The Sweatermakers’ cast includes: Jen Rowe, JR Wickman, Ben Buckley, and Sharon Mann. Designers include: scenic design by Tal Sanders, lighting design by J.D. Sandifer, sound design by Em Gustason, and costume design by Ashton Grace Hull.

Though Andrew’s a thoroughly seasoned theatre professional, with The Sweatermakers, he’s experiencing something playwrights never forget: his first fully staged production. We talked, and here’s what he says about his own journey.

 

SW ADD 1How did the play change from the beginning of the production process to opening night?

I have been working on this play for several years now, and it has seen numerous changes over the course of its development, but when it was just me and my laptop, most of the revisions altered the plot, or planted character seeds. Going into the production process brought several practical issues to the forefront, however. The Sweatermakers had always been a very presentational piece of theatre and aspects of it were thoroughly cinematic. That becomes a problem in a space as intimate as CoHo Theatre. Originally, the play hinged on the ability to hide things, but with audience on three sides, mere feet from the actors, such a thing would have proven impossible.

In lieu of hiding, we featured. The blackouts, a convention introduced to disguise the movement of the actors and the placement of the props, became an essential part of the play’s rhythmic language, and the sudden darkness became an essential part of the audience’s experience. Split scenes, which in earlier drafts were supposed to show what was going in different locations, necessarily bled into one another and began to interact. Everything became more organic, as was the case when the playing of the clarinet was replaced by the human sound of whistling. The play became about the actor in a simple space, which I believe is what makes the medium of theatre so deeply compelling. The embracing of simplicity doesn’t just address pragmatic concerns, it betters the storytelling.

Through the production process/rehearsals, did your ideas or feelings about the play changeSW ADD 5?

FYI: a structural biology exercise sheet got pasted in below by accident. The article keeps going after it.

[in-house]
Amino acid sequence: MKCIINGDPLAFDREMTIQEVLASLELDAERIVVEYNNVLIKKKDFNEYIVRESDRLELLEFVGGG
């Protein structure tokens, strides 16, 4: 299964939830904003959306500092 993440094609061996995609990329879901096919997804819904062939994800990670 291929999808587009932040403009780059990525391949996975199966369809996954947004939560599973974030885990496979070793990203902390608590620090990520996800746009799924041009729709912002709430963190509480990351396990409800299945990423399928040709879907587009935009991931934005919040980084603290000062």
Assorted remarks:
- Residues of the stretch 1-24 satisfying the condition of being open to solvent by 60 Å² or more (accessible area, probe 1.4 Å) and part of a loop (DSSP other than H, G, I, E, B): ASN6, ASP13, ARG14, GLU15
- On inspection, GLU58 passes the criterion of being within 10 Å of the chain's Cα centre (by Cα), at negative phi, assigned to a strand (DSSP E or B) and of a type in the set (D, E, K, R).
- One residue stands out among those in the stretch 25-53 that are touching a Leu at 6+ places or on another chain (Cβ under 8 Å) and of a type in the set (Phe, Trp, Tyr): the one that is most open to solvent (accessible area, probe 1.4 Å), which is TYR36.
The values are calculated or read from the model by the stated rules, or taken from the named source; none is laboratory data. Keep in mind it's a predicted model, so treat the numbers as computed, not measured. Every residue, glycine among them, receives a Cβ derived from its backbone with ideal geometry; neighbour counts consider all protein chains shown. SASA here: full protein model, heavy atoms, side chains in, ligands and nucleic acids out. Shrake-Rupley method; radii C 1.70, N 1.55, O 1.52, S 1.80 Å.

Absolutely! One of the most rewarding things about being a writer is getting to hear what others take away from your material. I’ve had tastes of this throughout my career, but usually in the form of questions at readings, or comments from colleagues that have looked at my work. To be exposed to the interpretation of a roomful of thoughtful artists night after night, though, drove home the fact that the ideas we playwrights touch on are just the beginning of the discussion with our collaborators and our audiences. In earlier drafts, I was hyper-focused on what I was trying to say with the piece. In the rehearsal room, and in performance, I am solely interested in what others are hearing.

Was there a point where you felt like: “wow…this is really happening”?

Yup. I’m still there. Mind = perpetually blown.

How did opening night feel?

Opening night is always terrifying for me as a director or designer, but to experience as a playwright, to be the artist that has created the foundation that the show is built upon, raises the anxiety even higher. It was exhilarating and mortifying, a trip that I’m still coming down from. But there sure is a grin on my face.

Did the other artists show you things about the play that you hadn’t seen before?SW ADD 7

I learned more about the play in the past four months, collaborating, than I did over the course of the past four years of writing in solitude. Every design meeting, rehearsal, and performance has been a rich learning experience.

Did the experience change you? If so, how?

Yes. Irrevocably. But I’m honestly not sure how to articulate it. To simply say that it improved my writing skills and producing knowledge is insufficient. There’s been a spiritual shift. One that I have not yet grasped.

 

Portland, Oregon, theatregoers have but three more chances to see the world premiere of The Sweatermakers: it closes Saturday, August 30th. The Sweatermakers plays at CoHo Theatre (2257 NW Raleigh St, Portland, Oregon) at 7:30 PM on Thursdays, Fridays, and Saturdays. Friday and Saturday tickets are $25, or $20 for students and seniors. This Thursday’s show (August 28th) are at a special $10 for both online sales and walk-ups, in an effort to make new work accessible to all audiences. Tickets can be purchased through CoHo Productions, at www.cohoproductions.org (503-220-2646). For more information see Playwrights West: http://www.playwrightswest.org/sweatermakers/

 


Revisiting “The Twilight Zone”

Zen PathReading, of late, about one Rod Serling. Writer. Producer. Creator. A man who seemed to have everything going for him. And then….

Yeah, well…and then shit happens. Apparently, he pretty much worked and smoked himself to death, and he died early. Just like his father. A fate that always haunted him. There’s an object lesson for you: sometimes you can’t see the obvious because you don’t want to see the obvious. Or because it scares you too much. And, because you can’t see it, you doom yourself to it. The kind of thing that happens in…the Twilight Zone.